One-third of the clients presents anxiety-related problems as their main reason to seek counselling (33.3%, n = 2,348). Other frequently mentioned problems are mood-related (16.3%, n = 1,147), family-related (14.6%, n = 1,032) or physical (12.3%, n = 866). Most clients receive treatment from trained, supervised lay counsellors (69.1%, n = 4,878, 11 projects). Counsellors choose as their main counselling focus most often: overwhelming feelings (36.0%, n = 2,543), trauma-related symptoms (24.6%, n = 1,735) and physical complaints (12.3%, n = 866). The median number of sessions is five (inter-quartile range 3–7).

Client and counsellor treatment evaluation.

Comparing clients’ assessment of their psychosocial complaints and of their function rating at their first visit, a significant difference between the scales is found; the client complaint rating is 0.83 points lower than the functional rating scale (3.34 versus 2.51; 95% CI: 0.52–1.14, p<0.001, n = 7,024).

On average, clients’ rating of their psychosocial complaints post-treatment (complaint scale) show an improvement of 4.8 points compared to that before treatment (7.3 versus 2.5); a similar improvement of 4.3 points is noted for clients’ functional status (7.6 versus 3.3). Comparing pre- and post-treatment ratings, these changes are significant (complaint: 95% CI: 3.8, 5.6; p<0.001; functional status: 95% CI: 3.5, 5.1; p<0.001; both n = 7,007).

Counsellor evaluation of the status of the clients’ psychosocial complaint at the last session (n = 7,039) shows a similar trend in improvement: condition resolved (35.0%, n = 2,468), psychosocial complaint improved (55.9%, n = 3,945). A minority of the client’s conditions are judged as unchanged or deteriorated (7.1% and 1.8% respectively).

Uni- and multivariable analysis of the change in rating scales separately

Univariable analysis of change within each scale separately shows consistent results for the client (complaint as well as functioning) and counsellor rating scales. The strongest associations of change in all three scales are with the following variables: the type of exit, the total number of sessions and the context setting.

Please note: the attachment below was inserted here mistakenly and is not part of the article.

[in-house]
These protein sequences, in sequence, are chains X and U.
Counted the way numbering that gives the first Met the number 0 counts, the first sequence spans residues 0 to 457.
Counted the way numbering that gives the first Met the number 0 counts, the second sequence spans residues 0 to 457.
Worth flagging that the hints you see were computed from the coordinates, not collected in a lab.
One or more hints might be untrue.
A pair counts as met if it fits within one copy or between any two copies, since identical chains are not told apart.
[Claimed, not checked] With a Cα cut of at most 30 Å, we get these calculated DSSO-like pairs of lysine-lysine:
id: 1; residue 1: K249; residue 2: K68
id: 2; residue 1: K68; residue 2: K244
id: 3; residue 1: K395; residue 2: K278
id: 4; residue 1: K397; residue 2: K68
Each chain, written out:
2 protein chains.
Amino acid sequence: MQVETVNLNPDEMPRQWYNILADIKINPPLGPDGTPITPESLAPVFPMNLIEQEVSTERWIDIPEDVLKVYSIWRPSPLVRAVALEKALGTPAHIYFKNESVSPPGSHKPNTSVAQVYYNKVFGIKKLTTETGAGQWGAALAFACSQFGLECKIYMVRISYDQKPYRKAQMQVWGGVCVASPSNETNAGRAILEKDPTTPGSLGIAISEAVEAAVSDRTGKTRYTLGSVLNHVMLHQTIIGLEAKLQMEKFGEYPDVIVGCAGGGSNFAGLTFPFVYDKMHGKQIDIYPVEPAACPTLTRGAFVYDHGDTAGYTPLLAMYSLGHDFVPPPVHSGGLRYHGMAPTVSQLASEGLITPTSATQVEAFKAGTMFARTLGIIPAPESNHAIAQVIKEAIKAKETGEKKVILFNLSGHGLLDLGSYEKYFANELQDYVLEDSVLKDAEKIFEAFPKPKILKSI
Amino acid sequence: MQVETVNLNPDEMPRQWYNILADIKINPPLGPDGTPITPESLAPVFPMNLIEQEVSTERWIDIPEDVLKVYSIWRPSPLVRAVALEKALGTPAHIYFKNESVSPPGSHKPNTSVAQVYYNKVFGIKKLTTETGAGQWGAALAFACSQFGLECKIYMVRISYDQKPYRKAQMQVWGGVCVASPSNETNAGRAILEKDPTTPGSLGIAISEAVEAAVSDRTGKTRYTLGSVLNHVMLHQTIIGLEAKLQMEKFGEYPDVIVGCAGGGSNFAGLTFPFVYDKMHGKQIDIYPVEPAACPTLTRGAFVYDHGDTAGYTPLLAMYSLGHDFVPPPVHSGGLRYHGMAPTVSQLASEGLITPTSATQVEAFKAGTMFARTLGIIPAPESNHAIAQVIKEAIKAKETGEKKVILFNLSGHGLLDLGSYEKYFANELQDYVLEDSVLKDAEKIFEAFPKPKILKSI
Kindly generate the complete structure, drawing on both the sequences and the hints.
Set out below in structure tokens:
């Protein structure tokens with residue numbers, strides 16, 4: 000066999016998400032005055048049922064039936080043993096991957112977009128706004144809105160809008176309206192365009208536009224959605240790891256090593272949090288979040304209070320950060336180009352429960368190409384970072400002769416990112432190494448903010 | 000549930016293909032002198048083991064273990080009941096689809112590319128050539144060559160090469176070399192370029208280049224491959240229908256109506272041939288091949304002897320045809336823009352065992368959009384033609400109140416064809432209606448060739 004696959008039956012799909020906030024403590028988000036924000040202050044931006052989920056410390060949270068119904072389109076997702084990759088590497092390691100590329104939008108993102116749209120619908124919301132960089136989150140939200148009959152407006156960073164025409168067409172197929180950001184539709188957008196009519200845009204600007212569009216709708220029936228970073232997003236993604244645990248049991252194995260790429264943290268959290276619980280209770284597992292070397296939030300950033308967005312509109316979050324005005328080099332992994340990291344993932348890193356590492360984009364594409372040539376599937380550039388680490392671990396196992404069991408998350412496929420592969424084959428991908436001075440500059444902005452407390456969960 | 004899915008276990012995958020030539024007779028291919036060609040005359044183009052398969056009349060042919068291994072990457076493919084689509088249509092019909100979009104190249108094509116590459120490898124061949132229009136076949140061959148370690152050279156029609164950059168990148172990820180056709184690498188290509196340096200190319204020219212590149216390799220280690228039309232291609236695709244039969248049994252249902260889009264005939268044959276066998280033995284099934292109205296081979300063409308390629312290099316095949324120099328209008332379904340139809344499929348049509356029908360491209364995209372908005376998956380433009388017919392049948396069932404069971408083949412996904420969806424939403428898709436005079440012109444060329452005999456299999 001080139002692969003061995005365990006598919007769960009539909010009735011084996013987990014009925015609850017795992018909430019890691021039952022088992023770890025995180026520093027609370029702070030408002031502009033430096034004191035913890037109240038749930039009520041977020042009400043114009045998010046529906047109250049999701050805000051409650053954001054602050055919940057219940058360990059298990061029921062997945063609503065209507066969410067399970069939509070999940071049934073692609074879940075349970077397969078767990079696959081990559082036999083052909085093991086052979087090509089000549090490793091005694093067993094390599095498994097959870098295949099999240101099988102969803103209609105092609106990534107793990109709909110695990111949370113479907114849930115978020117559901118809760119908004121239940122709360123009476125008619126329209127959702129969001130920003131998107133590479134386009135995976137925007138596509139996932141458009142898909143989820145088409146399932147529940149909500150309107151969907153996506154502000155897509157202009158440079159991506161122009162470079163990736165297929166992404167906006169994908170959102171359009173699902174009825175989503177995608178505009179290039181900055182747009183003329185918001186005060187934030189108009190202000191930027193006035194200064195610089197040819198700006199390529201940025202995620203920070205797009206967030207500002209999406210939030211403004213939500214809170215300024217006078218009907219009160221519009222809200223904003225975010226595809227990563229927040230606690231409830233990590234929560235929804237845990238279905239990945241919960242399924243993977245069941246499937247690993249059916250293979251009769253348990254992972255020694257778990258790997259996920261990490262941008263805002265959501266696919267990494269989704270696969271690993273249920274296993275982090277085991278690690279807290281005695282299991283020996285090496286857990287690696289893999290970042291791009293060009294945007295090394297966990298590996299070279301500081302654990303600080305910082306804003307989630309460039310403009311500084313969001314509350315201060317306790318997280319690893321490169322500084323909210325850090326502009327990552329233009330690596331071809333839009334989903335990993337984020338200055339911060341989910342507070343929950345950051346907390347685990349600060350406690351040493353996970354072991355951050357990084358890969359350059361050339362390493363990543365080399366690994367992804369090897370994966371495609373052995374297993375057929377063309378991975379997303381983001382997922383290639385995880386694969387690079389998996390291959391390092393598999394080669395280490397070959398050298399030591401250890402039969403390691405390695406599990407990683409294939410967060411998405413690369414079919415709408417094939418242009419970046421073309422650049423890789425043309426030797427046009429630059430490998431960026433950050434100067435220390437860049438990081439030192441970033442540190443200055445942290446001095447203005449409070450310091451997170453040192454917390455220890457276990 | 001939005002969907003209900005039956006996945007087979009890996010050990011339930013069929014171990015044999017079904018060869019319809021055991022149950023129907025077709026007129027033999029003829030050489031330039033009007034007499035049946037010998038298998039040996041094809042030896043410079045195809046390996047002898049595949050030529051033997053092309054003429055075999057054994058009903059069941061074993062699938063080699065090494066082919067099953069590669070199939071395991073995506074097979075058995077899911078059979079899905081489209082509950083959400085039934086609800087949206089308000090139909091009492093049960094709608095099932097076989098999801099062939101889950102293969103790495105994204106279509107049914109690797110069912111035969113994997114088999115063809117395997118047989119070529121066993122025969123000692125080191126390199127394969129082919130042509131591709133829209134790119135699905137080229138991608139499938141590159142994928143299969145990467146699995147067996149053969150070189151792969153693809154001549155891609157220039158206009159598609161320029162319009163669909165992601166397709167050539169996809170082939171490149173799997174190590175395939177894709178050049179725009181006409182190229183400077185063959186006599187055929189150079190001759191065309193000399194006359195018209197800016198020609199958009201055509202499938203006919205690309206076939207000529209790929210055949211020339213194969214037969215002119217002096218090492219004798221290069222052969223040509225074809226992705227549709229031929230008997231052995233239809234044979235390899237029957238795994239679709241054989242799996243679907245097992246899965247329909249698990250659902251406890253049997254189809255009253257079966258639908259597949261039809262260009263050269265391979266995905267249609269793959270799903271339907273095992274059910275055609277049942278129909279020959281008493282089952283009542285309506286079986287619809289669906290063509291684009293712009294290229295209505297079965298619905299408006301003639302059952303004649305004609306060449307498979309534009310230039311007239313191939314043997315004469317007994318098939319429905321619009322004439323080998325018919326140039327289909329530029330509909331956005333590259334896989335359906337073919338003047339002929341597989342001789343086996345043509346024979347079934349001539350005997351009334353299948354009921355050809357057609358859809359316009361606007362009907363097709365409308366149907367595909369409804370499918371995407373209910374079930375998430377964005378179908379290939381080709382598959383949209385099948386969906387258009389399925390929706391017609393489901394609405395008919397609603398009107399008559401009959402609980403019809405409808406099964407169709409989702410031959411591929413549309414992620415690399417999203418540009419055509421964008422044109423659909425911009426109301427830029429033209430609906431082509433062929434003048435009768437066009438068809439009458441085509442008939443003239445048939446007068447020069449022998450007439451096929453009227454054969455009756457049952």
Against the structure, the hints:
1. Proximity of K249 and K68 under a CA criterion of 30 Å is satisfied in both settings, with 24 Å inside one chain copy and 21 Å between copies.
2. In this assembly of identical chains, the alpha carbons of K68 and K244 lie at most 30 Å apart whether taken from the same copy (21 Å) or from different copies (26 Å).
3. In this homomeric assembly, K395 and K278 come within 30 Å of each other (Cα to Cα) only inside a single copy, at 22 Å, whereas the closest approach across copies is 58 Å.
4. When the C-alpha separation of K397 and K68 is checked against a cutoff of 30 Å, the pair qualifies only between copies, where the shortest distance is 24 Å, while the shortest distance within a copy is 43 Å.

All three multivariable models (see Tables 1 and 2) of the change of each individual scale shows similar significant associations with the independent variables. The strongest association for the client scales (complaint, functioning) are: the rating of the complaint or functional rating at the first visit, the total number of sessions and the exit type. The other independent variables (precipitating event, context setting, counselling focus, size of project) are statistically significant but the estimated parameters are small in absolute magnitude. The variable ‘age’ is statistically significant for the functional scale but not the complaint scale.

Table 1. Associations of the individual rating scales and independent variables.

Table 2. Associations of the individual rating scales and independent variables.

All the variables in the model, except complaint rating at first visit and client age show statistically significant associations for the counsellor rated scale. The strongest effect size is seen for type of exit and context. The counsellor rating scale has also a strong association, adjusted for the other model variables, with the client’s functional status rating at the first visit.

The strength of associations is largely consistent across the three scales (see for an overview Tables 1 and 2). The multivariable models of the client rating scales are strong in terms of explained variance of the variables (complaint: R2 = 0.585, n = 6,390; functional status: R2 = 0.587, n = 6,391). The explained variance of the counsellor’s rating multivariable model is acceptable (pseudo R2 = 0.272, n = 6,390).

Differences in change between client self-rating scales

On average clients’ functioning improvement is 0.48 points higher than on the complaint rating scale (crude) (4.75 versus 4.27; 95% CI: 0.16, 0.80; p<0.001, n = 7,004). After adjusting for rating-scale baseline differences, the functional rating scale change is 0.19 points higher (95% CI: –0.27, –0.11; p<0.001, n = 7,004) than the complaint rating scale change.

Nearly half (46.0%, 3,219, n = 7,004) of the clients has the same change for both the complaint and the functional rating scales (Fig 3). A small proportion (12.3%, 861, n = 7,004) of clients has a functional rating change one point higher than their complaint rating change, and 19.5% (1,363, n = 7,004) has a complaint rating change one point higher than their functional rating change. For most of the clients (77.8%), the change in rating scales differs by no more than one point between the complaints and functioning scale.

Fig 3. Efficacy in monitoring change of two client rating scales used to assess counselling outcome.

Histogram shows difference in the changes in the complaint and functioning rating scales. Rating scale difference is defined as (complaint rating at client’s last visit–complaint rating at the first visit)–(functioning rating at the client’s last visit–functioning rating at the first visit).